HIV/AIDS remains a leading cause of death in the Central African Republic (CAR) where less than half of the people living with the disease are under treatment, Doctors Without Borders (MSF) has said.
Laurent Lwindi Mukota, an HIV medical advisor to MSF, said in a report on Tuesday, the World AIDS Day, that the situation is more alarming for children under the age of 15 who are aware of their HIV status, but less than a quarter of them are under treatment.
The report says half of CAR’s estimated 110,000 people living with the virus are under antiretroviral treatment.
The country with the highest HIV prevalence across the West and Central Africa region has been plagued by years of conflict. The CAR is also dependent on insufficient external funding for its response to HIV.
Marie Charlotte Bantah Sana, the head of the program against communicable diseases at the Health and Population Ministry, said in a report financial barriers where worsening the situation.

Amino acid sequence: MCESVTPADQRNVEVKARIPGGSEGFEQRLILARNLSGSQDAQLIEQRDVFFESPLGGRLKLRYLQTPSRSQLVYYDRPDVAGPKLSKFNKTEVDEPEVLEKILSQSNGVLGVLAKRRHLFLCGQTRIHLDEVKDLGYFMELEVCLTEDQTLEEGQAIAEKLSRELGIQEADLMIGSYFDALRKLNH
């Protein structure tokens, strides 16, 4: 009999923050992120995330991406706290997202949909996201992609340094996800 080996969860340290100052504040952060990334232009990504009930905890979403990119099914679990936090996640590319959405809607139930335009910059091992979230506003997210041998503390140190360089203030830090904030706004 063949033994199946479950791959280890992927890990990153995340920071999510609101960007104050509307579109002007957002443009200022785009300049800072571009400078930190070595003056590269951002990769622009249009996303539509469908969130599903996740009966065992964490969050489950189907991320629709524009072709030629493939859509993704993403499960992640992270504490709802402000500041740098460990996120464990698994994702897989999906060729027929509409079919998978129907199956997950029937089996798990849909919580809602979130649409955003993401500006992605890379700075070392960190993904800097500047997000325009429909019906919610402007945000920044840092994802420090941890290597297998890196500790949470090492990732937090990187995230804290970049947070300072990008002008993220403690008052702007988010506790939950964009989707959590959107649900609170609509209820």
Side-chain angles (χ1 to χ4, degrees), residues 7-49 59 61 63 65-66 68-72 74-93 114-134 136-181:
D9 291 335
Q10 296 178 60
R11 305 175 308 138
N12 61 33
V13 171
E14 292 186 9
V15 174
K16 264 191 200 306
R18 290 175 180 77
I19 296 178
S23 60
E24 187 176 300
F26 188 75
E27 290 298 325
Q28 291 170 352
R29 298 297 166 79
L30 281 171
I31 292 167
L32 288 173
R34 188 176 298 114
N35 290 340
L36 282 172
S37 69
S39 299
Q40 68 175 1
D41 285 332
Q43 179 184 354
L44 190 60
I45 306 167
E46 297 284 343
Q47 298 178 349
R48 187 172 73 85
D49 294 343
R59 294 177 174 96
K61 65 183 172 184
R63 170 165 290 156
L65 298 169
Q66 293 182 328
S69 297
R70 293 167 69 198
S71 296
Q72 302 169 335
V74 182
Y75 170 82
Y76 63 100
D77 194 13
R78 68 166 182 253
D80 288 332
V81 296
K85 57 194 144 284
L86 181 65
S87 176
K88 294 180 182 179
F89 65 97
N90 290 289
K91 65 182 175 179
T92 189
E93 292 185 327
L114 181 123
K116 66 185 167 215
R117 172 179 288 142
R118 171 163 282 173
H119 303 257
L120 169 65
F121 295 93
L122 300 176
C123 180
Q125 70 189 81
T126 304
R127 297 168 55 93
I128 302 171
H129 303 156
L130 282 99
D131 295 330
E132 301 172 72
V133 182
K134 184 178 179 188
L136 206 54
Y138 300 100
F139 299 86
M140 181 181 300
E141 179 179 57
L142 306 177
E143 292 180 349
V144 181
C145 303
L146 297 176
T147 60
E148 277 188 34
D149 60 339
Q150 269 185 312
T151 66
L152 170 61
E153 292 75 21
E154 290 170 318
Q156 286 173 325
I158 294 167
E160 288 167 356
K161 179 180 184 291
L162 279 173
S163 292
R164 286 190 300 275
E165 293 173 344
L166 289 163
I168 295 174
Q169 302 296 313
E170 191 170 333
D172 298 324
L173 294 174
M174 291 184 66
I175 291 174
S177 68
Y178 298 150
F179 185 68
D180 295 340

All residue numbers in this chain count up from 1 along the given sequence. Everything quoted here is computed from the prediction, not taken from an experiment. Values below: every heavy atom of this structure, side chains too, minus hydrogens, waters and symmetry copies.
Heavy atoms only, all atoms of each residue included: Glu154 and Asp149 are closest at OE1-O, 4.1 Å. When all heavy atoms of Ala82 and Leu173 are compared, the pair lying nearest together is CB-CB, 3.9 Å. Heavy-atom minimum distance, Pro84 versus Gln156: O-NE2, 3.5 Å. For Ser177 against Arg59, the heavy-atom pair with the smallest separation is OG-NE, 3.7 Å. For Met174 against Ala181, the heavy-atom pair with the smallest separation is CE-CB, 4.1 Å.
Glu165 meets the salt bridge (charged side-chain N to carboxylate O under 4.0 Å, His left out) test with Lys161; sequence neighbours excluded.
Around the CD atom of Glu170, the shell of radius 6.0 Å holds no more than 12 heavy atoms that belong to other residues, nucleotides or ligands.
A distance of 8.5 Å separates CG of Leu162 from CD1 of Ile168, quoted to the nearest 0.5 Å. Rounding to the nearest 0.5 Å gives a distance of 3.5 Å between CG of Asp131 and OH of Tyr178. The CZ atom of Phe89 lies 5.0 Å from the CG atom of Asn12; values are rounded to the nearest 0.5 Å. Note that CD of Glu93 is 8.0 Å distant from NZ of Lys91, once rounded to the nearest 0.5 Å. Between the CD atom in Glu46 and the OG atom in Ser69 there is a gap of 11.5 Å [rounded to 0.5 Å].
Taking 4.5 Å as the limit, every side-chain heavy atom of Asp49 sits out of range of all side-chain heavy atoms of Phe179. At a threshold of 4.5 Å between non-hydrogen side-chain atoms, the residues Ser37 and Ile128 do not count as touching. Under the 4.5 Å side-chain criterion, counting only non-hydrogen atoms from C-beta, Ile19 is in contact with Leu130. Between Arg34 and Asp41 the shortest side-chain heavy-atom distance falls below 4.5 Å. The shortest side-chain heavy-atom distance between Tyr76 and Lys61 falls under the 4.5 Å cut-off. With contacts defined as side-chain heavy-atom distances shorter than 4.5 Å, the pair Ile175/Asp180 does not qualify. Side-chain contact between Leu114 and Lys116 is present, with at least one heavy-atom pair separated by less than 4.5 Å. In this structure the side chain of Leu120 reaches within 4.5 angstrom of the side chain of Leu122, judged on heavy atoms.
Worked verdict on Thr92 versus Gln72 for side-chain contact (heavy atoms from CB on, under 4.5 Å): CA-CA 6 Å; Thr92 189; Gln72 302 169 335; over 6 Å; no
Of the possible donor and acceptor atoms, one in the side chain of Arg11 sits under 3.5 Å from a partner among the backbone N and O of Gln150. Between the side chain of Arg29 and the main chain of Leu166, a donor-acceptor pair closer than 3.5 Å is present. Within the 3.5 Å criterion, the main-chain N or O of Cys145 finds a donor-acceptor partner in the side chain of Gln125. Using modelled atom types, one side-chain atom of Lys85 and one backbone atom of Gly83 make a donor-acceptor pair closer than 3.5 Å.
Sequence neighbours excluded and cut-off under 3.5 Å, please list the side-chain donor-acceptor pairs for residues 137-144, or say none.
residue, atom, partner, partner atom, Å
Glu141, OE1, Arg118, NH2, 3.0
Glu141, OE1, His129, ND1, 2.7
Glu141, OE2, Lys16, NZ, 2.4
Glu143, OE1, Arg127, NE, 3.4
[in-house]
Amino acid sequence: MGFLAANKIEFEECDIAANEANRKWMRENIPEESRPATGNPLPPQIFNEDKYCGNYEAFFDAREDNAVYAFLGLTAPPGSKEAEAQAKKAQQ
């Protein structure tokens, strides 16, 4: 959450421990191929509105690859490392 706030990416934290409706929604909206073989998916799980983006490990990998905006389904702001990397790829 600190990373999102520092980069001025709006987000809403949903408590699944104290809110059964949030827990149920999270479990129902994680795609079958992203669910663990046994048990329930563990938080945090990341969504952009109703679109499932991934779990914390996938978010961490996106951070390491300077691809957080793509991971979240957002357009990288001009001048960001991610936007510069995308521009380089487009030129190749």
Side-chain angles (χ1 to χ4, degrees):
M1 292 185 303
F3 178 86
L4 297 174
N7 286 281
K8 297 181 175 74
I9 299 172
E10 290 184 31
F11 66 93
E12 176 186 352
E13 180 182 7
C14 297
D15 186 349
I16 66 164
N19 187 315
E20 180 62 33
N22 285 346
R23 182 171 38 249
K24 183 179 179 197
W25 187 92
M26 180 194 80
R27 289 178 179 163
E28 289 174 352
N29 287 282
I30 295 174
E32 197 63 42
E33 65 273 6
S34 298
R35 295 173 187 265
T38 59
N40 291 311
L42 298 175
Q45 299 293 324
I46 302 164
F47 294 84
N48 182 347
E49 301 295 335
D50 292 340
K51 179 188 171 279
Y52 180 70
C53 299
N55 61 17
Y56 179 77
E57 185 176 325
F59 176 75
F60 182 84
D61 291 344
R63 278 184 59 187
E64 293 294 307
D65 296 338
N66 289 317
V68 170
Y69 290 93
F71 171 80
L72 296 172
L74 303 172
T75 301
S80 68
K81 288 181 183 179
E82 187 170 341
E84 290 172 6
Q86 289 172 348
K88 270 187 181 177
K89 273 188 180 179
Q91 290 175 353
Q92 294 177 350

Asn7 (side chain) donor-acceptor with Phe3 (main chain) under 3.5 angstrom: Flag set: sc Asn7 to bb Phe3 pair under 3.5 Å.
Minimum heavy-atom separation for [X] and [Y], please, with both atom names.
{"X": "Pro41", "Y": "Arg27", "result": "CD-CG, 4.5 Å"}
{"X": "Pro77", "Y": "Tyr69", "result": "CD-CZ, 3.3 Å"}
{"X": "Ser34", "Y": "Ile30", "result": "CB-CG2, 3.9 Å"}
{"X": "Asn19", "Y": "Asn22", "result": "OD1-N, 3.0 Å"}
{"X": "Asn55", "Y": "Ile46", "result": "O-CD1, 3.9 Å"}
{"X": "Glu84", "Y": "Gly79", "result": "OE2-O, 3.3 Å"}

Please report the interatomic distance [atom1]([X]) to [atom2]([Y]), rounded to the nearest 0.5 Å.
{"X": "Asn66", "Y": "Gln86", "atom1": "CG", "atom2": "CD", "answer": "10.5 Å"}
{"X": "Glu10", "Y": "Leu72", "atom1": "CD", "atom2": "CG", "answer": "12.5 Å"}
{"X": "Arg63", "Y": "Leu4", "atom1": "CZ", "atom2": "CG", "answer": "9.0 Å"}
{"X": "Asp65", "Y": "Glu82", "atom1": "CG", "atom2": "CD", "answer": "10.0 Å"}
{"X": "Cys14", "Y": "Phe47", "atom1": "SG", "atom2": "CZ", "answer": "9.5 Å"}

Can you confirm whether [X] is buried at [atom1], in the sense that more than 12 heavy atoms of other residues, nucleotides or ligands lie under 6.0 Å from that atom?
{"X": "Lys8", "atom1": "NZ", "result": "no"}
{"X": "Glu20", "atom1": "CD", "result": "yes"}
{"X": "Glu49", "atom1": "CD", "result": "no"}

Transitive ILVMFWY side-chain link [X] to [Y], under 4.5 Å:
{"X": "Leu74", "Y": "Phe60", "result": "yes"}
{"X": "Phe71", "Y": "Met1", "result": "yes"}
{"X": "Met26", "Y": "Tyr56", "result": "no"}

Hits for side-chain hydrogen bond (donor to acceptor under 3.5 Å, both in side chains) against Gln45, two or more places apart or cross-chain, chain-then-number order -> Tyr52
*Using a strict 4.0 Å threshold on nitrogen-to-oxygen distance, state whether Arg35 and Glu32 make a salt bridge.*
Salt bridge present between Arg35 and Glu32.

“In a country where most people live on less than $2 a day, financial barriers to care are exacerbating this situation,” she said in the report.
Most people in the CAR need to pay to get an HIV test, they also have to pay for several other extra tests before being allowed to start treatment, Sana noted.
“As a result, 30% of all patients invited for a pre-treatment assessment do not come back to start their medication,” she said.
The Central African Republic has one of the lowest life expectancy levels globally according to a 2019 World Bank report on population prospects.
The medical charity appealed to the international community to raise funding and support to the CAR given the current challenging HIV situation in the country.
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